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Published by: michael s rozeff on Jun 02, 2010
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07/27/2013

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These five parts are Congress, the President, the Judiciary, the several States, and WE
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THE PEOPLE.
The U.S. Constitution and Money Part 13: Reconstruction of America’sConstitutional Systems of Money and Banking
 by Michael S. Rozeff 
Introduction
Book 4 of 
 Pieces of Eight 
consists of two chapters on reform. Chapter One tells us practical and
legal 
steps, recommendations, that will reform America’s money and its banking and make themconstitutional. Each step follows logically from the previous analysis in the book. It adds up to a program for monetary and banking reform. Vieira ruminates on various aspects of reform inChapter Two. He tells us why the country’s money and banking have reached the presentcondition, where the country is headed if the money and banking system remains in place, and (p.1588) “whether a practical legal means to transform it exists.” Much of this chapter is aboutwhich of the five parts of America’s federal government (p. 1607) “should be the locus of reform.” His answer is WE THE PEOPLE.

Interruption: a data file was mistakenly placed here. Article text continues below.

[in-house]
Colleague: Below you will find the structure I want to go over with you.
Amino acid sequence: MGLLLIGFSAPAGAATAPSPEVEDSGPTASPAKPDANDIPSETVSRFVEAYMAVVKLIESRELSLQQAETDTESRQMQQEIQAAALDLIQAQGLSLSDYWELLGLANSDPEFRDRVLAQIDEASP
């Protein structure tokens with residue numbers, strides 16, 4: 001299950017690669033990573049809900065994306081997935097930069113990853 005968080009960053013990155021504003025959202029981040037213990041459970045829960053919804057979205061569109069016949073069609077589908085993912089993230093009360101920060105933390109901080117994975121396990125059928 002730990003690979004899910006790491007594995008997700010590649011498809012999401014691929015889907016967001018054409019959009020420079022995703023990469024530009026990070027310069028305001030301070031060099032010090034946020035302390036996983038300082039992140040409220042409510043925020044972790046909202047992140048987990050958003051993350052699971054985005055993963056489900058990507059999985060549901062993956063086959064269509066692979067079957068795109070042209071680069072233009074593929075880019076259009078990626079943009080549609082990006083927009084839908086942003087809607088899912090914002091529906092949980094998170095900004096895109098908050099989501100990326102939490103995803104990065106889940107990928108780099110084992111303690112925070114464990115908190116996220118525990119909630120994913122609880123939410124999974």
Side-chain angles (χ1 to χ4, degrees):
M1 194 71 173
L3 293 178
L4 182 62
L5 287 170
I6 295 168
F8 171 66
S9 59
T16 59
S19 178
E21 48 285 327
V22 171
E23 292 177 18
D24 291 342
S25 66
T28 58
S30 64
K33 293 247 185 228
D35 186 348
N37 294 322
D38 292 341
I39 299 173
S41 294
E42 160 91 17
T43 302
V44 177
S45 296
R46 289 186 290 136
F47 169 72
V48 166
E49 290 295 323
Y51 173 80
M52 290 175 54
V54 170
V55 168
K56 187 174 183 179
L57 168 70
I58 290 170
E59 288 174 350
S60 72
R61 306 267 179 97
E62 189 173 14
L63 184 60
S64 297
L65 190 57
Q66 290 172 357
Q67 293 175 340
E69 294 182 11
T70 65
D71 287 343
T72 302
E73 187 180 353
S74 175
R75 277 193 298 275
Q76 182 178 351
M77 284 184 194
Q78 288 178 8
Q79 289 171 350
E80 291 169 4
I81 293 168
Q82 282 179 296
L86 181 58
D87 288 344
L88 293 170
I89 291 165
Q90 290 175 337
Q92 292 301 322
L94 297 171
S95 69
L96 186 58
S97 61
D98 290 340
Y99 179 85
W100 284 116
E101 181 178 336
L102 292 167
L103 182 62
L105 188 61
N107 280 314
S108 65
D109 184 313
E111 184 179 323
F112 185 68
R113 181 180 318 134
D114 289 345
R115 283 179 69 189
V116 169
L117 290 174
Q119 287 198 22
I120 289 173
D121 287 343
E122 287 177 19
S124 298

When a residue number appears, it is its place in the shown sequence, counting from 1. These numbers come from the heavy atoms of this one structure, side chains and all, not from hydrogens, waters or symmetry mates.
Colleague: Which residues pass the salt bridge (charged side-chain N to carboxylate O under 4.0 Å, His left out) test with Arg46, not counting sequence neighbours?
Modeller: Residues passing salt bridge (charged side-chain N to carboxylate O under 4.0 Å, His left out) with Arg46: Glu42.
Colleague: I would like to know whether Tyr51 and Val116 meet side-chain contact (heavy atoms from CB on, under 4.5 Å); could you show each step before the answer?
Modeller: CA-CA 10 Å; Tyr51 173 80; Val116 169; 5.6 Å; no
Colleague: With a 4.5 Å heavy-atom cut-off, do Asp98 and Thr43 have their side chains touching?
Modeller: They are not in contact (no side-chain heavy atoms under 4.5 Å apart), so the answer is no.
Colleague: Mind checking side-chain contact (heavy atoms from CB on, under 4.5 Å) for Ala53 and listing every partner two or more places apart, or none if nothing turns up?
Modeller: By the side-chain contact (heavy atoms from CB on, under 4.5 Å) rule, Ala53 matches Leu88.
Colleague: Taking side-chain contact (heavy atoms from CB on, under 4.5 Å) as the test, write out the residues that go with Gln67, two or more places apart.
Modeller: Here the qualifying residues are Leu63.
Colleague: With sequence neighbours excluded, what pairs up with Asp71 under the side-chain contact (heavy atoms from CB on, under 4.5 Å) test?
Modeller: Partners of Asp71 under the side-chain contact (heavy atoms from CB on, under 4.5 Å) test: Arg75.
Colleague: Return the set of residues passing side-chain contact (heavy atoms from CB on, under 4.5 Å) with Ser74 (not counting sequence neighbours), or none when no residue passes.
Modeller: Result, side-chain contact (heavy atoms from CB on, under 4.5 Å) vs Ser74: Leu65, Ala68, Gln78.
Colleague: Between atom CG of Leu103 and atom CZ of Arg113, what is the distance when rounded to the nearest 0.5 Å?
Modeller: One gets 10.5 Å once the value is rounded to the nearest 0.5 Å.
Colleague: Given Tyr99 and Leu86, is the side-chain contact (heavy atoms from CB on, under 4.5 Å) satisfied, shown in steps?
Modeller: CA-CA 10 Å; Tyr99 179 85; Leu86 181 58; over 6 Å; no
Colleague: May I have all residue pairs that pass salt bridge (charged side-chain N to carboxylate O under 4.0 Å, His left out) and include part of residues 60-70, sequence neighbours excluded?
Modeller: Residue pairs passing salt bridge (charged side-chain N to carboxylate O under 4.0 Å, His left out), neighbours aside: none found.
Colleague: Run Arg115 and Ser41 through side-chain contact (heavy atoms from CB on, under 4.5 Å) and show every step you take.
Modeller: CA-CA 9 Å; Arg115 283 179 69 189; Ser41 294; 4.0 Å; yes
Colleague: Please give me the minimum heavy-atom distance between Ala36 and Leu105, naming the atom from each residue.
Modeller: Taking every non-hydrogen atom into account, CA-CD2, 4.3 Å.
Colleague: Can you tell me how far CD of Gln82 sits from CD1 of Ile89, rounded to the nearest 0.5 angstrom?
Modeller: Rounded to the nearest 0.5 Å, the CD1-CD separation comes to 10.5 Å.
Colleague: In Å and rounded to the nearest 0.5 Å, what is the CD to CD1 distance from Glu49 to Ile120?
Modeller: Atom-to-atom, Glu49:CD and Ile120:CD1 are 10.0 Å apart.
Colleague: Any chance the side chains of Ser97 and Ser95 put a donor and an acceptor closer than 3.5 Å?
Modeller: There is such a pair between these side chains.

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Many of Vieira’s essaysare collected here. A number of these concern monetary matters andmonetary reform, such ashere,here,here,here, a 7-part essayhere, and recent essayshere,here, andhere. Vieira wrote these starting in 2005, so they are up to date. They will help anyoneunderstand his work better. They too provide a picture of his program. The first few essays in his7-part series summarize many of his recommendations.